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Published: October 3rd 2008
Bitumen road! and what i thought was our destination- the cave.
All everyone wanted to do was to get the hell out of Guizhou. The situation was looking hopeless. If it gets worse, students would have to be sent home. It was sad really because the hosts cooked a table full of breakfast for us. At the breakfast table, I carefully avoided those fragile girls who were still shaken from last night. I sat with the my new friends who I made on camp, those who were not so easily defeated by mountains and who appreciated the hospitality of the locals.
We left the village sometime between 9 and 10. Peopled eyed longingly at the coke on the drinks stand. I was surprised that I was walking on bitumen, civilization at last! I couldn’t help notice packs being passed , after asking around I found out that boys took turns to carry the packs of the sick ones. Very thoughtful and touching.
Around 11 we entered some sort of gateway where I saw other tourism groups. Upon entry I immediately spotted a huge cavern in the far distance that must have been our destination. I asked the ChinaClimb guide. He must have been kidding because he said we can’t see
My Hiking Boots
My hiking boots failed me, still nothing wrong with trying to make it look better with decorations.
our destination yet since by the rate we were going it’ll take us a full day to reach. Soon we arrived at another river. Guizhou seemed to be made out of nothing but rivers and mountains, and gullies and mountains and lakes and mountains. Did I mention mountains?!
I should have known that that calming boat trip was just to get us prepared for the hike we were about to embark on. To start with it was quite bearable; we were merely walking in a sand trail. My feet in my hiking boots, already full of blisters had to fight against the tiny sand particles. The tide of tourists gradually thinned as we began ascending on even stairs. The stairs eventually corroded into rocks.
We hit the road straight after digesting the same lunch as yesterday. Except the word ‘road’ would be a bit of an understatement. The rugged and jagged vertical trail meant everyone had to scramble with their hands. It was nothing short of rock-climbing. I was grabbing onto the heels of the person in front of me all the time. Everywhere looked the same once again, like that scene in the beginning of Lord of
the Rings- Two Towers with Frodo and Sam. Just as we were wondering whether we were lost amongst all these protruding rocks, a couple of kids sitting on a mound waved frantically at us.
They were the primary kids we were going to visit according to the guides. The kids normally use 2 hours to walk the same distance we’d been covering for the whole day. Some kids live so far away that they are forced to stay in the school for the whole week, only visiting their parents on the weekends. In such a poverty-stricken village, the Primary School is the only source of education and hope for the mountains of Shuitang district, Ziyun county of southwest Guizhou. The school is called Mid-Cave Primary School, so named because it resides in a massive cavern The school was built back in 1984 with 180 or so students (Miao and Buyi ethnic groups) and 8 teachers. Recently the school has been a focus for many charity funds. Prior to starting out we each prepared a simple and thoughtful gift for the kids, such as balls or pencil case.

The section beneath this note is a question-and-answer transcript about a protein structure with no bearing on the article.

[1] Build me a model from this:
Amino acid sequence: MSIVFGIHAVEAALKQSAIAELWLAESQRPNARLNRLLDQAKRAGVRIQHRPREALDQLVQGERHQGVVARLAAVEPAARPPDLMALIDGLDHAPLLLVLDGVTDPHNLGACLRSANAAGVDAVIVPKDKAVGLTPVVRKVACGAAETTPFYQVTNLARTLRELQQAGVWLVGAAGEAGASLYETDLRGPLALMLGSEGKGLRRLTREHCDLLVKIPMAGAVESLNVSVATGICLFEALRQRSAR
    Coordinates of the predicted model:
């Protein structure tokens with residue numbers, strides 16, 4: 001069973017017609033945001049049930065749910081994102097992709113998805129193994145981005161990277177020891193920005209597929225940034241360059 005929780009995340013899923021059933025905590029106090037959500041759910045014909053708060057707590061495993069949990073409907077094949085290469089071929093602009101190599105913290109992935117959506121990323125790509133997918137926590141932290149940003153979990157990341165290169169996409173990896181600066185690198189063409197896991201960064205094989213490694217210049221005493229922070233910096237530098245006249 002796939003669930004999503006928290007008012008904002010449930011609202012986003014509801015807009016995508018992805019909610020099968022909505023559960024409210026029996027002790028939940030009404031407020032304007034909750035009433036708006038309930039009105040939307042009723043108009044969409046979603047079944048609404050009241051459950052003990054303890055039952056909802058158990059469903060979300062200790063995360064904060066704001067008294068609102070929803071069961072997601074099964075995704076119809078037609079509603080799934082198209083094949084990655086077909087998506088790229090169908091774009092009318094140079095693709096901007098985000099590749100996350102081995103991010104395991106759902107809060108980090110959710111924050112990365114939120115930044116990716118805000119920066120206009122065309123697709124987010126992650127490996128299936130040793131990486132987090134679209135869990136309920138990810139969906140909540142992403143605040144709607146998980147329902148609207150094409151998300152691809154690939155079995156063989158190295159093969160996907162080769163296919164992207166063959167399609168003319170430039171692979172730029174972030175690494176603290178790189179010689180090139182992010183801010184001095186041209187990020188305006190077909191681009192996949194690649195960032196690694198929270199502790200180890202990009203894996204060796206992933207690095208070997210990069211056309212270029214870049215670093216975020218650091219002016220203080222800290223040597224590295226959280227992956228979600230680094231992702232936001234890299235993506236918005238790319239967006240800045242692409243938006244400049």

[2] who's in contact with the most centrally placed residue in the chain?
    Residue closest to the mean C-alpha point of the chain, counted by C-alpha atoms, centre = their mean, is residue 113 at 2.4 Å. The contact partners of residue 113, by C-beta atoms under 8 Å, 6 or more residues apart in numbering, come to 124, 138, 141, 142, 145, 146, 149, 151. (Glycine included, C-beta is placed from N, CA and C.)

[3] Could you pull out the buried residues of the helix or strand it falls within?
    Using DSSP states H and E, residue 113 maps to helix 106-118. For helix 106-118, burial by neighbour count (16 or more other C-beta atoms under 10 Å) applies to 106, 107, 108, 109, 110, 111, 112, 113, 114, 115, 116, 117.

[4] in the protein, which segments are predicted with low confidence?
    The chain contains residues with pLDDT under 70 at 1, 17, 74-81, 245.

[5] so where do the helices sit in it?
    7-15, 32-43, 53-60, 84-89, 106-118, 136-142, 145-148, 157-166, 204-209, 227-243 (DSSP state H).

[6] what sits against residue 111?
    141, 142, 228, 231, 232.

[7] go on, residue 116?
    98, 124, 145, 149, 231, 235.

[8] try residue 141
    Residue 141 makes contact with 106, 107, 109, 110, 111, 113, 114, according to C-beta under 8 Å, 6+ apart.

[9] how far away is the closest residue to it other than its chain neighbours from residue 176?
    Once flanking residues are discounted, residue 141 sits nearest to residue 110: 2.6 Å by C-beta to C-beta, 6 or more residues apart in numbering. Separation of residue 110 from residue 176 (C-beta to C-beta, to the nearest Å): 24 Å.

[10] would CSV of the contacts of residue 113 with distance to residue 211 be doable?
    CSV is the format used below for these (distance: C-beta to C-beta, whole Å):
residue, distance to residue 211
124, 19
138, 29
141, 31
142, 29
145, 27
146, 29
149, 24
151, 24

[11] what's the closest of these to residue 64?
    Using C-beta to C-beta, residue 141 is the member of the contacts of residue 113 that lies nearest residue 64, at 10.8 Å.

After hearing about how some kids spend 6 hours trudging up
The kids at the Primary School who encouraged us.
the ridge for education, a lot of us put our heads down shamefully. Touched by the kids’ motivation to learn, we made through the rest of the hills with the minimal amount of protest. It was dusk when we arrived at the mouth of the cave. Gasps were drawn at the beauty that nature had to offer. Inside the cave, scattered were a dozen houses and its fowls. In the middle was a sandpit. For the kids however it was a basketball court, soccer field and generally a playground. The cave’s main light source was natural sunlight, at the back of the cave you can’t even make out the ceiling, so no one’s sure how tall the cave is. I felt so small.
The sick students immediately were told to either lie or sit down with hot water bottles and plenty of water. The healthy ones, spying soccer balls went to play along with the kids, kicking up sand in everyone’s faces. Pablo, Angela and I isolated ourselves from the rest to explore the classrooms. There were a few students still studying under the dim light. I was surprised to see the use of electricity. The classrooms were poorly
The Crater like ceiling, almost supernatural and the basketball hoop.
constructed out of wood. Angela and I communicated in mandarin with the enthusiastic kids. We soon warmed up to the girls who kept calling us ‘sister’. It was sad that we had to leave them for dinner.
The Cave was suppose to be the coldest destination of the whole camp, yet the cold had not caught up with me yet, which meant all the heavy winter clothes I brought were nothing but waste and burden. We spent the night in the classrooms. Boys and girls were in separate rooms. The toilets were disgusting, I'd rather not talk about it. It was only when I finally crawled into my sleeping bag that I realized how much the ceiling resembled moon craters. It was almost a supernatural feeling, like I was stuck in some surreal Star Wars movie. And I am a huge fan of Star Wars.
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